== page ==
Notably, retailers that are generally exempt from keeping logs under the rules may be required to do so when asked in writing by OSHA, the Bureau of Labor Statistics (“BLS”), or a state agency under the authority of OSHA or BLS.  Employers with ten or fewer employees at all times during the previous calendar year are also exempt from routinely keeping OSHA injury and illness records—even if the employer is among the list of industries normally required to keep such records

Reporting Requirements

Importantly, the reporting requirements that go into effect on January 1, 2015, apply to all retailers, even those included in the exempt list.  This means that all retailers must report to OSHA any work-related fatalities within eight hours of finding out about the incident.  All retailers must also report to OSHA any in-patient hospitalization, amputation, or eye loss within 24 hours of learning about it.

This new reporting initiative allows OSHA to learn about workplace incidents in real time, aiding the agency in determining where to deploy its compliance officers.  Retailers that report any such incident should be prepared for an OSHA inspection soon after.

What Employers Should Do Now

  • Train your safety and human resource professionals and your managers on the new reporting requirements.  Again, all retailers must promptly report to OSHA any fatalities, amputations, loss of eye incidents, or in-patient hospitalizations. 
  • Be aware that you can report to OSHA by:
  1. Calling OSHA’s free and confidential number: 1-800-321-OSHA (6742)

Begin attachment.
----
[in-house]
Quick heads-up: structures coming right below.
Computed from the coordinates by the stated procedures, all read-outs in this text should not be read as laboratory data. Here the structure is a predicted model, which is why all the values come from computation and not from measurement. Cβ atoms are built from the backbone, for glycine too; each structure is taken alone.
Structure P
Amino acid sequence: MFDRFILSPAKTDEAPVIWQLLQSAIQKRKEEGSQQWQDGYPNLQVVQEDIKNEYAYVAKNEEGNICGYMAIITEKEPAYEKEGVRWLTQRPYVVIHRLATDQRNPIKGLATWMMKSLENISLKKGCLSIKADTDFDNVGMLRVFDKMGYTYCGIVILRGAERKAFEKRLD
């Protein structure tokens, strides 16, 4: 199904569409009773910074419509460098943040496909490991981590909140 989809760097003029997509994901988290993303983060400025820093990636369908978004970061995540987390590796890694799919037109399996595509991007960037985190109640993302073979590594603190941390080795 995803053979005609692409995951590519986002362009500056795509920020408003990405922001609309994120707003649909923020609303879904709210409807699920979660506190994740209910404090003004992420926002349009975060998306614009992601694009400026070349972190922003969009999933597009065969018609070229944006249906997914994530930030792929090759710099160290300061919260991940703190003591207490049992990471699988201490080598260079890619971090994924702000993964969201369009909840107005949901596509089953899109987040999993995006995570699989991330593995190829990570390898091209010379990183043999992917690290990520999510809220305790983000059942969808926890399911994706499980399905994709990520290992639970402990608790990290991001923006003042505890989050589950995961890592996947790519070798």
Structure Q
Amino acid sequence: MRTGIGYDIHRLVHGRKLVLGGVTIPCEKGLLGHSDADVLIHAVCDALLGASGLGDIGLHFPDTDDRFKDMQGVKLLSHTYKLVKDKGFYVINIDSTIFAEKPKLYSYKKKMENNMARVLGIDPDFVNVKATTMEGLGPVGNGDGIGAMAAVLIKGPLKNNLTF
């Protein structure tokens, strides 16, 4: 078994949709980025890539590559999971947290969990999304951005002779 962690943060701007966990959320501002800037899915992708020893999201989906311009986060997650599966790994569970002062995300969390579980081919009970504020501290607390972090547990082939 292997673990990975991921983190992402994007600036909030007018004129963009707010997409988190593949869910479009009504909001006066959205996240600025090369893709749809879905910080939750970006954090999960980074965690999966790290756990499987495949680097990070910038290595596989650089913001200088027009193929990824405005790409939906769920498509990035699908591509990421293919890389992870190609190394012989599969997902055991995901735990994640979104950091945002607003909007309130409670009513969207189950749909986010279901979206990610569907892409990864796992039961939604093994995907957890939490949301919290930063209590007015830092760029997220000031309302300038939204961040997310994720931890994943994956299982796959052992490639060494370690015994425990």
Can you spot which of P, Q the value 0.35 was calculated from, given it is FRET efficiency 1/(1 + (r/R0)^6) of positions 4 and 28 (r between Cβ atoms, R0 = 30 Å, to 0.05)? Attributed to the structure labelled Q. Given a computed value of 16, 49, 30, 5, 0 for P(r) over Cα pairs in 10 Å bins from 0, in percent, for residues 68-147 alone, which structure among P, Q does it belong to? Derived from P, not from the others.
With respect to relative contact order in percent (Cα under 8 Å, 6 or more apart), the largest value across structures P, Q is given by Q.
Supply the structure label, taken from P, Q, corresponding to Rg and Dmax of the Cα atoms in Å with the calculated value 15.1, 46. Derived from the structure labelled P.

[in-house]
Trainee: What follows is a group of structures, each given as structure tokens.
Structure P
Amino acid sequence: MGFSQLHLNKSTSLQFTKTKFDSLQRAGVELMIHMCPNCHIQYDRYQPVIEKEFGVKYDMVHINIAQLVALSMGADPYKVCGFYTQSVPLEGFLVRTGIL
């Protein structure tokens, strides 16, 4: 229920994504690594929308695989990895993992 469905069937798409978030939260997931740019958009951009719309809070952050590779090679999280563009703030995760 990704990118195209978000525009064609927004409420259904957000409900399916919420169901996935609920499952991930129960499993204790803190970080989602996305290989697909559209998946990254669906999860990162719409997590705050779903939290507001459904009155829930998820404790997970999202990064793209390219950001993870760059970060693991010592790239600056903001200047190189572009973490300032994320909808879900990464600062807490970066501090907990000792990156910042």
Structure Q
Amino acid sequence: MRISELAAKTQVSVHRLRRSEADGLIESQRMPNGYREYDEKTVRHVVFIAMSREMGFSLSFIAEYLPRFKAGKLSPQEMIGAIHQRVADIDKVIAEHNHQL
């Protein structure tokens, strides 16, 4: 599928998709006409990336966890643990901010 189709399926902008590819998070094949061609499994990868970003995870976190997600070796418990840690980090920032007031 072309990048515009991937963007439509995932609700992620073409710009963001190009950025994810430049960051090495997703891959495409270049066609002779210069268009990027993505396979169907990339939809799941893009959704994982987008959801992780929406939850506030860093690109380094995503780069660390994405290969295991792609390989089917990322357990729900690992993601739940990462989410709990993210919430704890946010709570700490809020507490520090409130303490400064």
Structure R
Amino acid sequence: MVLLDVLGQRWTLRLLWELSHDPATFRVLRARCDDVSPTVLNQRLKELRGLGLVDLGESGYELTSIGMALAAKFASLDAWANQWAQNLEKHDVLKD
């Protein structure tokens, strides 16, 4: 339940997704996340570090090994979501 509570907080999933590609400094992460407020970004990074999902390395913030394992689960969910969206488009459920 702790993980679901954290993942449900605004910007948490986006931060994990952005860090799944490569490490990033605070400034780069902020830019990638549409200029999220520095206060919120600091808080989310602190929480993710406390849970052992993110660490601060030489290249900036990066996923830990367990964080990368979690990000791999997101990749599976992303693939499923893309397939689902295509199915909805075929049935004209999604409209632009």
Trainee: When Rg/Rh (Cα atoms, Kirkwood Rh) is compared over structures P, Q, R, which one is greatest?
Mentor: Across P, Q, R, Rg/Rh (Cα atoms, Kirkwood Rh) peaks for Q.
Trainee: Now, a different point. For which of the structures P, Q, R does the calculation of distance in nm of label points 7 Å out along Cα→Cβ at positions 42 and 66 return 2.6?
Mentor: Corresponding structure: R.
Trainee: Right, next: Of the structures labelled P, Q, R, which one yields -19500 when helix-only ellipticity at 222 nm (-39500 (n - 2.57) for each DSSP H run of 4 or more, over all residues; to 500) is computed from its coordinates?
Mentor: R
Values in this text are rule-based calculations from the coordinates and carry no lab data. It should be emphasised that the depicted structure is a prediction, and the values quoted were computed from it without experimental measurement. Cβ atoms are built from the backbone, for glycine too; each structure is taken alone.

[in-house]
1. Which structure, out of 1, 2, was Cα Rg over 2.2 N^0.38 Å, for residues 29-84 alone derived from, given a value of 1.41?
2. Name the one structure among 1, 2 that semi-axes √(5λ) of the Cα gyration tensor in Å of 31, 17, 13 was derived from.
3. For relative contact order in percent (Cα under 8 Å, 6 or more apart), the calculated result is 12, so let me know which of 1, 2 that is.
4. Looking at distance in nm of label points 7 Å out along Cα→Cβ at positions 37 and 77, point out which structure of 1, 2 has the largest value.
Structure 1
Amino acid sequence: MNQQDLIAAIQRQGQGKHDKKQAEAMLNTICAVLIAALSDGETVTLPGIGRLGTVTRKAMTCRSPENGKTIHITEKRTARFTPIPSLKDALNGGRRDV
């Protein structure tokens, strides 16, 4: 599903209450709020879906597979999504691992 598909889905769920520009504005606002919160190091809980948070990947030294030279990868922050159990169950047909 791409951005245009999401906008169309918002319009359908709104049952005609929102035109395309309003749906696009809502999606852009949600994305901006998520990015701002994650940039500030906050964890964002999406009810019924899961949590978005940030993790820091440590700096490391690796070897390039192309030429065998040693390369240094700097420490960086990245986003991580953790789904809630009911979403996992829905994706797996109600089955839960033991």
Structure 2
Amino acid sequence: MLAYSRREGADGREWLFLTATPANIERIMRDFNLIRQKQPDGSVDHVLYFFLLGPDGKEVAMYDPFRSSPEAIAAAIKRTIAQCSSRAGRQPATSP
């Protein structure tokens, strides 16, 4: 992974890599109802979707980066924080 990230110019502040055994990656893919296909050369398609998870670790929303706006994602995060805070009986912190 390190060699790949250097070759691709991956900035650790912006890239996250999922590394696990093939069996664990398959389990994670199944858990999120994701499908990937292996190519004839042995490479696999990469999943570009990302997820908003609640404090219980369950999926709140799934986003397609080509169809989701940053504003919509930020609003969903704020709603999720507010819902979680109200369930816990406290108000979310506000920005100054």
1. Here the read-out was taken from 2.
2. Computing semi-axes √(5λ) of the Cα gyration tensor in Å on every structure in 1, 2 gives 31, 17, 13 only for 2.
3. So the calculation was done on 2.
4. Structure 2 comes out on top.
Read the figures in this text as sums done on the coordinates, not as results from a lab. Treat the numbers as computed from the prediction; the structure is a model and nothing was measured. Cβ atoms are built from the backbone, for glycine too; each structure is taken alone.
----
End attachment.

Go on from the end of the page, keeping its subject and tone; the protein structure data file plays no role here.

2. Calling your closest Area Office during normal business hours
  3. Using the new online form that will soon be available on OSHA’s website
  • If you have retail establishments in one or more of the jurisdictions with a state plan, contact the state plan’s office to determine when you must comply with the rule and if the state plans’ reporting rules have additional requirements.  OSHA has encouraged state plans to require compliance by January 1 but recognizes that not all plans will be able to do so. 
  • Contact counsel for advice on how to best navigate an OSHA inspection to ensure your preparedness should OSHA decide to investigate the circumstances leading to a reportable injury or illness.
  • To the extent that any of these newly reportable incidents have taken place at any of your retail establishments in the past, review the details of the incident and audit that facility and others that you believe may pose safety concerns.  Identify safety hazards and address any possible health or safety hazards that you discover.
  • If you are among the newly identified retail industries required to complete OSHA’s injury and illness recordkeeping, seek assistance from counsel in navigating these very complex requirements.  Ensure that safety and human resource professionals in your organization are properly trained and fully understand how and when to record an occupational illness or injury in your OSHA logs. 
  • Retailers that have already been subject to the recordkeeping standard should review their logs to spot potential trouble spots, and provide refresher training to safety and human resource professionals in order to help ensure full compliance with the rules.

DISCLAIMER: Because of the generality of this update, the information provided herein may not be applicable in all situations and should not be acted upon without specific legal advice based on particular situations.